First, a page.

The LCD market continues to be one of the frequently updated segments in the consumer electronics segment, as OEMs and vendors alike are eager to bundle their high-end, high performance displays with professional workstations. The ZR30w belongs to that same pro market, offering a 10-bit panel with 1.07 billion colors - for an advertised 99 percent coverage of the AdobeRGB 1998 gamut and 30-bit per pixel color. HP claims that the ZR30w is the first 30" display to break 1 billion colors. When you’re selling a 30” LCD to enthusiasts, every bit of performance matters, and as we’ll show in a bit, the ZR30w doesn’t fail to impress.

As already noted, the ZR30w is targeted primarily at enthusiasts and professionals who demand accurate color tracking and equally large gamut. As with all 30” displays, every detail counts, as this segment represents generally the best of the best for manufacturers. It makes sense, too, since enthusiasts and professionals alike who are serious about getting the absolute largest in display real-estate also care about color tracking and gamut. They expect top performance, and are willing to pay for it. Though similar real-estate can almost be captured with arrays of smaller panels, for most, the 30” segment remains the most lust-worthy among displays thanks to the truly uninterrupted space.

The last 30” HP LCD we touched was the venerable HP LP3065 back in 2007. The LP3065 is still available today as well at $1,349 on HP’s website. The ZR30w is being introduced at a price point of $1,299 - some $300 below Dell’s UltraSharp 3008WFP display. Interestingly enough, the ZR30w does away with the plethora of DVI-D ports we praised the LP3065 for having (almost doubling as a KVM switch). It trims down the 3 DVI-D ports in the LP3065 to 1 DVI-D port and a DisplayPort for the ZR30w. That’s not a deal breaker, but you’re still one input shorter a generation later, which is a bit puzzling. Considering other 30” displays include a plethora of input options, we find the ZR30’s a bit spartan - an HDMI port or component would be welcome additions.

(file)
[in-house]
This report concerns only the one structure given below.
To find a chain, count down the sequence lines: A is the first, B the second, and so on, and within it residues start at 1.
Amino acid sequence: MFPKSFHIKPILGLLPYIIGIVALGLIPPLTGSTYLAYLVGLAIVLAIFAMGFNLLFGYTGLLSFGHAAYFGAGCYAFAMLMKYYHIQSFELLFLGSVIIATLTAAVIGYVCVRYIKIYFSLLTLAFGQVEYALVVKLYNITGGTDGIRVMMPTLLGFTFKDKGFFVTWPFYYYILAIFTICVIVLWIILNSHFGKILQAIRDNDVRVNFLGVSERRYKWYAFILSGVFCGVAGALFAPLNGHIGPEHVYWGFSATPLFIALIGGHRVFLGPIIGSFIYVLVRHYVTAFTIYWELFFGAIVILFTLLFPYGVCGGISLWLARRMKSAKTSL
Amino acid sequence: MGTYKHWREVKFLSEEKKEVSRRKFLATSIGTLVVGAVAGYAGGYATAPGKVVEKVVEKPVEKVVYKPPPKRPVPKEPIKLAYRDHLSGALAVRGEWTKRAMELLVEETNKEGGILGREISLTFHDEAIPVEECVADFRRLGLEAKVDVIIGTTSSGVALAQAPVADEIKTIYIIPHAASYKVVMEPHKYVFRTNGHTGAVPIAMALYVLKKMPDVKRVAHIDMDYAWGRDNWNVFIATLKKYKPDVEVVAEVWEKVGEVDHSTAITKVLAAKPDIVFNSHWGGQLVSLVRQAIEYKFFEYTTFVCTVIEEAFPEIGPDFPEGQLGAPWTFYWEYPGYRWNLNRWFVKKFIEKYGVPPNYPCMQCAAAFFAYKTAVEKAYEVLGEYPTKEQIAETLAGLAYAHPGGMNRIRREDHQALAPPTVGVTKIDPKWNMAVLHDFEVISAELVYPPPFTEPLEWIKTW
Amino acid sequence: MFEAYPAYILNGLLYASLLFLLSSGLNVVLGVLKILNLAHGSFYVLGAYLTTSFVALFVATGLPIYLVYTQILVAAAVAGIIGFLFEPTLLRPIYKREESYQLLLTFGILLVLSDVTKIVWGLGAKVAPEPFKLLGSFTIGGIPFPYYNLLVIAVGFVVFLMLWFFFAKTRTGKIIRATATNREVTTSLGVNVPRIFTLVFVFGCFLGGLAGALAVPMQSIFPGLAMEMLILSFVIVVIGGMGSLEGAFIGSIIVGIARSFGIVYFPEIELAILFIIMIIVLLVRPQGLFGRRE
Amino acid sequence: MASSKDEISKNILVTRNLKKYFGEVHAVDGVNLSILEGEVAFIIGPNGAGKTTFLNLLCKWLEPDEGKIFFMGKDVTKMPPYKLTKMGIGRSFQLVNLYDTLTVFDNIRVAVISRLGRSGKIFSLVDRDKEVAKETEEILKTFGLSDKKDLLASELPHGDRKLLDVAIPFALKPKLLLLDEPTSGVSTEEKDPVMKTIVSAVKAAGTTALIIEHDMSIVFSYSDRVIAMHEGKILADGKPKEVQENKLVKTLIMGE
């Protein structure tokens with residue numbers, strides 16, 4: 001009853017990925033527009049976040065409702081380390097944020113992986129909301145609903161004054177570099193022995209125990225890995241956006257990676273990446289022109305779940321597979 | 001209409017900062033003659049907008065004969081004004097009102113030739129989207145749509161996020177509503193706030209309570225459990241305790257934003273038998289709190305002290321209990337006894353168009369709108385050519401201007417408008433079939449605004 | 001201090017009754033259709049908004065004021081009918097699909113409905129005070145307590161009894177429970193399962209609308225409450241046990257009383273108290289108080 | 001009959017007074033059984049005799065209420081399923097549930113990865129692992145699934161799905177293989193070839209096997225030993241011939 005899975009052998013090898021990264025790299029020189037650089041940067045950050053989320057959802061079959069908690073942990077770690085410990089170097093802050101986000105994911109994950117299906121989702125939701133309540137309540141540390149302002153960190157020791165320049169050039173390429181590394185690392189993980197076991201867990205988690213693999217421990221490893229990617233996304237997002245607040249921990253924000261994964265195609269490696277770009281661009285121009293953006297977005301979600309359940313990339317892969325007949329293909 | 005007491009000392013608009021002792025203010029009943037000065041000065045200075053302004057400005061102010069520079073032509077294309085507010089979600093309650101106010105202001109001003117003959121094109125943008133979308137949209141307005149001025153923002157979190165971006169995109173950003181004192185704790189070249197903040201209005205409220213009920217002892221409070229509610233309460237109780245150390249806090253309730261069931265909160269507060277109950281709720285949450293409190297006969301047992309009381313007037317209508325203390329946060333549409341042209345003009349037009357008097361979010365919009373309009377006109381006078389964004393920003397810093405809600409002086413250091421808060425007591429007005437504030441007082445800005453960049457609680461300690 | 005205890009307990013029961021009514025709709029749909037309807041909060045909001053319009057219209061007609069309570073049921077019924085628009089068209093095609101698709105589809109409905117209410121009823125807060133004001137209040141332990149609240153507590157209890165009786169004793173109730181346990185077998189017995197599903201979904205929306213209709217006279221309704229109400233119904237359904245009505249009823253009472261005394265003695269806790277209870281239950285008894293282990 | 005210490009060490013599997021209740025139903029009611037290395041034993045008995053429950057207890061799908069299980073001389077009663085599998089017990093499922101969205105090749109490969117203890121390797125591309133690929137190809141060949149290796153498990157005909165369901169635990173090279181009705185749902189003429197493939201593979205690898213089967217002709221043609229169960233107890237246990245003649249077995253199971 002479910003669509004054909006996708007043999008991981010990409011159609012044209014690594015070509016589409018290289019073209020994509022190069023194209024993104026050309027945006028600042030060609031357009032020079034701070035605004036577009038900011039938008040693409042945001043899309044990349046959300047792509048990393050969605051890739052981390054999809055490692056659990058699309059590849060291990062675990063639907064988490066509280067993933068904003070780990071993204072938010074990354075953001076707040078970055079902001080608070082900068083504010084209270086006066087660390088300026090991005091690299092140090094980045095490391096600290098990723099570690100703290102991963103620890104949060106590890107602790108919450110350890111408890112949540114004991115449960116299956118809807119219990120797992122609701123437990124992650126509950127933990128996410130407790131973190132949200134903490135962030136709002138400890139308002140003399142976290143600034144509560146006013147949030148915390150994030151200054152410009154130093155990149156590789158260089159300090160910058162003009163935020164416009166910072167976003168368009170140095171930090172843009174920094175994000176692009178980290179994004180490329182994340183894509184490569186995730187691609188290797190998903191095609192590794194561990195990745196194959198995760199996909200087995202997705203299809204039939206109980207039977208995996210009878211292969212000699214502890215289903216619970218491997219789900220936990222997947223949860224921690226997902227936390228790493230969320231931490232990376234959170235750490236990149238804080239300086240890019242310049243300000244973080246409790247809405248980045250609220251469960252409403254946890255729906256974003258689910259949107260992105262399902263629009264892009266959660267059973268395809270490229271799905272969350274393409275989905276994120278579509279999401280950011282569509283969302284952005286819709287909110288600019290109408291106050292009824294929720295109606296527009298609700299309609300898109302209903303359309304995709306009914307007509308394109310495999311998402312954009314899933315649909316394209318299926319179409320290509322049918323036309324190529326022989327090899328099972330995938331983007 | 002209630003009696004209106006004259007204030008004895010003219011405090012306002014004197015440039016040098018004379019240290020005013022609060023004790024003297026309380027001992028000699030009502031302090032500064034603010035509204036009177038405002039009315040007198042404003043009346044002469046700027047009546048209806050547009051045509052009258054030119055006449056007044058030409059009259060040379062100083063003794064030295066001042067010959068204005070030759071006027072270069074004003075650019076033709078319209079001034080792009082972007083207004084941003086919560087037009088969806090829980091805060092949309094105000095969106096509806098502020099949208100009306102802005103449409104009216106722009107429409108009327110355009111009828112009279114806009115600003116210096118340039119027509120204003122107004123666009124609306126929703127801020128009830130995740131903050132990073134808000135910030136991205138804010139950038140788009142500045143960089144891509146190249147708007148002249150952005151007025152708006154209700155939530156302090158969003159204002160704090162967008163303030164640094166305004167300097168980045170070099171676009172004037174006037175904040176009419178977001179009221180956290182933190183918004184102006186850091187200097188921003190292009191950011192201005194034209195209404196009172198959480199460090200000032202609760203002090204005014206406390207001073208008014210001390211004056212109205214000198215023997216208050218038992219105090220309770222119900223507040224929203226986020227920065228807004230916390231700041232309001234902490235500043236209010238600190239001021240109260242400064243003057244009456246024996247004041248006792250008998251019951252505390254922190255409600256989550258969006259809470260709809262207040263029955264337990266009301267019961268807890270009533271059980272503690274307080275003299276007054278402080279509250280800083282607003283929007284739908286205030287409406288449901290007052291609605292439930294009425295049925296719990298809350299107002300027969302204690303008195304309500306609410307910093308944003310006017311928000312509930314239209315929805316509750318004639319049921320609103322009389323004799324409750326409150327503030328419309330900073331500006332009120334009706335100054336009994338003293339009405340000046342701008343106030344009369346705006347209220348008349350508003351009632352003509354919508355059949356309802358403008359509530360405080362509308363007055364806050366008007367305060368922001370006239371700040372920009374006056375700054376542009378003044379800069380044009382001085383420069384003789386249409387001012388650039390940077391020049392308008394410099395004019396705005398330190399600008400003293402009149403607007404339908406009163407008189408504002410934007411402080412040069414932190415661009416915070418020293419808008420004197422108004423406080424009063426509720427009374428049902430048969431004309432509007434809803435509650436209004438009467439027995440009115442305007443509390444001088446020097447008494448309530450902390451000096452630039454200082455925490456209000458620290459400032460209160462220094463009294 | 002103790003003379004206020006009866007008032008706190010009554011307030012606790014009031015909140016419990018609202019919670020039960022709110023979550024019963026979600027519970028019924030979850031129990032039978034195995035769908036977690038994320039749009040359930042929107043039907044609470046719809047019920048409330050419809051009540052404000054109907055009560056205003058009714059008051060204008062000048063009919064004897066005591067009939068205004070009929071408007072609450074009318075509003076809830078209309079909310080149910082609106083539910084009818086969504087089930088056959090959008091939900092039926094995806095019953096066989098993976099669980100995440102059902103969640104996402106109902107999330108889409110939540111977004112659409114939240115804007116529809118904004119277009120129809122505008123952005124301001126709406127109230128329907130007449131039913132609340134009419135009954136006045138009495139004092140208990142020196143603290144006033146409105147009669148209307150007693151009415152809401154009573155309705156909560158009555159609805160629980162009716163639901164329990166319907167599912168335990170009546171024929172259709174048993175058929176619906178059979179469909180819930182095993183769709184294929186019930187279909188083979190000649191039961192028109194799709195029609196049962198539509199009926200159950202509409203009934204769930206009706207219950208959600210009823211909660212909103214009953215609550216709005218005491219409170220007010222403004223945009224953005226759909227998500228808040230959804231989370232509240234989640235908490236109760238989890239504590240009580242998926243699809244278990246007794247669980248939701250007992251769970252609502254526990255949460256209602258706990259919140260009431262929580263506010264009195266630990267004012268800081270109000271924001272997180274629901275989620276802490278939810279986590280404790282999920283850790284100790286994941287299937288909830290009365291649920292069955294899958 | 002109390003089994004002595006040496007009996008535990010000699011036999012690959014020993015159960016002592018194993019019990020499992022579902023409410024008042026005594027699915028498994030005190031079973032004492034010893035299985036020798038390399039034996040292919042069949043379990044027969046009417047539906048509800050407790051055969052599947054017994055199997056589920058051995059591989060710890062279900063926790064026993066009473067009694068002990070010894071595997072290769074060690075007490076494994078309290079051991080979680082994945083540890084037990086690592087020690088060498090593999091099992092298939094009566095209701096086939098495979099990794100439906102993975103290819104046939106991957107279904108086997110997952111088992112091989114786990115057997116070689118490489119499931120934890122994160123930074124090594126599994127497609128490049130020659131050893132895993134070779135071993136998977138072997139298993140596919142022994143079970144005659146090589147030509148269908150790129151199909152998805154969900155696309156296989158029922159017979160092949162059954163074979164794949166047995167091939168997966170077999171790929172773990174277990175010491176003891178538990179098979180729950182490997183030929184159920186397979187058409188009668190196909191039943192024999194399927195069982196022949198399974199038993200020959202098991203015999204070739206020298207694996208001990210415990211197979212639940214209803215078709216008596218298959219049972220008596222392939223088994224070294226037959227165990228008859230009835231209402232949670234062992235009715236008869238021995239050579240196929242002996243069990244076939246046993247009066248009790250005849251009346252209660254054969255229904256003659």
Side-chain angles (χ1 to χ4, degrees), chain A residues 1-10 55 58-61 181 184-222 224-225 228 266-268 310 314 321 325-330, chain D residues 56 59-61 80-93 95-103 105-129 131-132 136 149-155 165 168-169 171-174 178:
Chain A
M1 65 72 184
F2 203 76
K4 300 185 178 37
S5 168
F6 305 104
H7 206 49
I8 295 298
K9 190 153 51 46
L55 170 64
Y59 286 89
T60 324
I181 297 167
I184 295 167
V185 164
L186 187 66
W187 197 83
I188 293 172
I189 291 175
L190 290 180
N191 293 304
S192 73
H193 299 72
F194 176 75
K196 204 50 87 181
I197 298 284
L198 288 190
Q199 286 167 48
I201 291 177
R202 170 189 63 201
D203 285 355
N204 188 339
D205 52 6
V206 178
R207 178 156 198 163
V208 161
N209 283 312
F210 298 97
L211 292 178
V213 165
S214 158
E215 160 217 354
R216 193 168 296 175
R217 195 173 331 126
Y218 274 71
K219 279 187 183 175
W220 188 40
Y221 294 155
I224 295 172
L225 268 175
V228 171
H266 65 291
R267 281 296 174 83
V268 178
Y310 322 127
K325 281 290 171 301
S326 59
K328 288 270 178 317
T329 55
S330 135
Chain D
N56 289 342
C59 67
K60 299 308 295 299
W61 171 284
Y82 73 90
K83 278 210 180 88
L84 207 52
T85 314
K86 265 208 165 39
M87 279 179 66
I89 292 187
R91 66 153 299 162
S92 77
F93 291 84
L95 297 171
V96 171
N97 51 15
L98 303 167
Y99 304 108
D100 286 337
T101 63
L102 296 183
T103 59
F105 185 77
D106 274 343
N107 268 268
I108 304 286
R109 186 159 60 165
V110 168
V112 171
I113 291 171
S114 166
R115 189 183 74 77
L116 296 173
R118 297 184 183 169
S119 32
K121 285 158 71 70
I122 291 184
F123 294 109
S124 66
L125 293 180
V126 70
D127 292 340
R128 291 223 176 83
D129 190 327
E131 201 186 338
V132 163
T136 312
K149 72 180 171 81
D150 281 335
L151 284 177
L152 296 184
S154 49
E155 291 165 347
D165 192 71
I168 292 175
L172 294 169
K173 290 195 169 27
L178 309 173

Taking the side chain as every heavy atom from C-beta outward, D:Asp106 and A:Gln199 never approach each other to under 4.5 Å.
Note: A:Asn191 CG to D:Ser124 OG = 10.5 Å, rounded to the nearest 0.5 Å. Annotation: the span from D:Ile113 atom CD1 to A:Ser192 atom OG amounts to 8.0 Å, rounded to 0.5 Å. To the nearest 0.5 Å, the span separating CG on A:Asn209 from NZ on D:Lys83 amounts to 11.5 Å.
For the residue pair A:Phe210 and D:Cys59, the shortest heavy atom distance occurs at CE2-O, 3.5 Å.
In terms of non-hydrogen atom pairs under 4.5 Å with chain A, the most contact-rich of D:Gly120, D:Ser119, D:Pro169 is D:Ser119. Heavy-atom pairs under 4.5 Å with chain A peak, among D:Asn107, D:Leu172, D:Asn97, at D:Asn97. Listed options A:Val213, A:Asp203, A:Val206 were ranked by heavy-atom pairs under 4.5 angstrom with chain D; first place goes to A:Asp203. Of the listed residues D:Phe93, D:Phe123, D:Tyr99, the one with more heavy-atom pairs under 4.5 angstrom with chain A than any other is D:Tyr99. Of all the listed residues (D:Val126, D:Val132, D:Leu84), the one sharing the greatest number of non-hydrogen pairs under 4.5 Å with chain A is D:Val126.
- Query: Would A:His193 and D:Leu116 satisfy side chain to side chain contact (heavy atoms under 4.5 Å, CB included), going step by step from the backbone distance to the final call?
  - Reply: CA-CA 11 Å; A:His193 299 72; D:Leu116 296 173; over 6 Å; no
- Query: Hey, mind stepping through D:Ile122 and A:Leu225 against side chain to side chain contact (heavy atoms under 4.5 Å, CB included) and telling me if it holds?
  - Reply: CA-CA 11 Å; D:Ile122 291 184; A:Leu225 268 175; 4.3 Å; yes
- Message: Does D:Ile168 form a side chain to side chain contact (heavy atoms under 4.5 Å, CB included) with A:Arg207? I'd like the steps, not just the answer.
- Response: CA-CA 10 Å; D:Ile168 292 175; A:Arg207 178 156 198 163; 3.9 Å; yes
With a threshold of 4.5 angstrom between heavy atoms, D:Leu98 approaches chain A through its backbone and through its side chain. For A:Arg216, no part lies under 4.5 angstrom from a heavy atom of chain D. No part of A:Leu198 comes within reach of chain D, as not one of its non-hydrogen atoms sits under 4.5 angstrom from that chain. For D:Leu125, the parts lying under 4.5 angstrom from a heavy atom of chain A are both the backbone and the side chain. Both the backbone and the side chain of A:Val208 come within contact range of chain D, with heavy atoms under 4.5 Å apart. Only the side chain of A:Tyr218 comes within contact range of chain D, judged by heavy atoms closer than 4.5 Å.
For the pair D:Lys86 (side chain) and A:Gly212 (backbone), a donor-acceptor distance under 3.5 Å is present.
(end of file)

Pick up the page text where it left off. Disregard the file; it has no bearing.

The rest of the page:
DisplayPort, DVI-D, USB-B, 2x USB-A

Before we go any further though, let’s dive into the specifications:

HP ZR30w - Specifications
Property Quoted Specification
Video Inputs DVI-D, DisplayPort (both with HDCP)
Panel Type S-IPS/H2-IPS (CN401808T6 unknown manufacturer)
Pixel Pitch 0.250 mm
Colors 1.07 billion colors (30 bits)
Brightness 370 nits typical
Contrast Ratio 1000:1 normal, 3000:1 (dynamic)
Response Time 7ms (g2g), 12ms (on to off)
Viewable Size 29.7" Diagonal
Resolution 2560x1600 (WQXGA)
Viewing Angle 178 degrees horizontal and vertical
Power Consumption (operation) <130 watts typical, <185 watts maximum
Power Consumption (standby) <2 watts sleep
Screen Treatment Matte (anti-glare)
Height-Adjustable Yes: 4" of travel
Tilt Yes: -5 degrees to 35 degrees
Pivot No
Swivel Yes: -45 degrees to 45 degrees
VESA Wall Mounting Yes - 100x100mm
Dimensions w/ Base (WxHxD) 27.3" x 19.3" - 23.3" x 10.8"
Weight w/o Stand 28.6 lbs
Additional Features Integrated 4-port USB hub, HP Quick Release, optional speaker bar
Limited Warranty 3 years parts, labor, and onsite service
Accessories DVI-D, DisplayPort, USB, and Power Cables
Price $1,299.00

We’ve already talked about the ports, but in case you haven’t used a 30” or equally high resolution panel before, note that dual link DVI is an absolute must. Luckily, HP ships a dual link DVI cable (I’ve seen a few monitors that require dual link DVI actually ship without dual link cables, which always results in a few nightmares) and makes note of it in the instruction manual.

Just don’t expect passive DisplayPort to DVI adapters or other single link DVI interfaces to drive the ZR30w; it won’t work. I experimented with a single link connection just for fun, and the ZR30w refused to show an image. There’s nothing wrong with that, it’s entirely expected. Just be sure you check your cables if things aren’t making sense.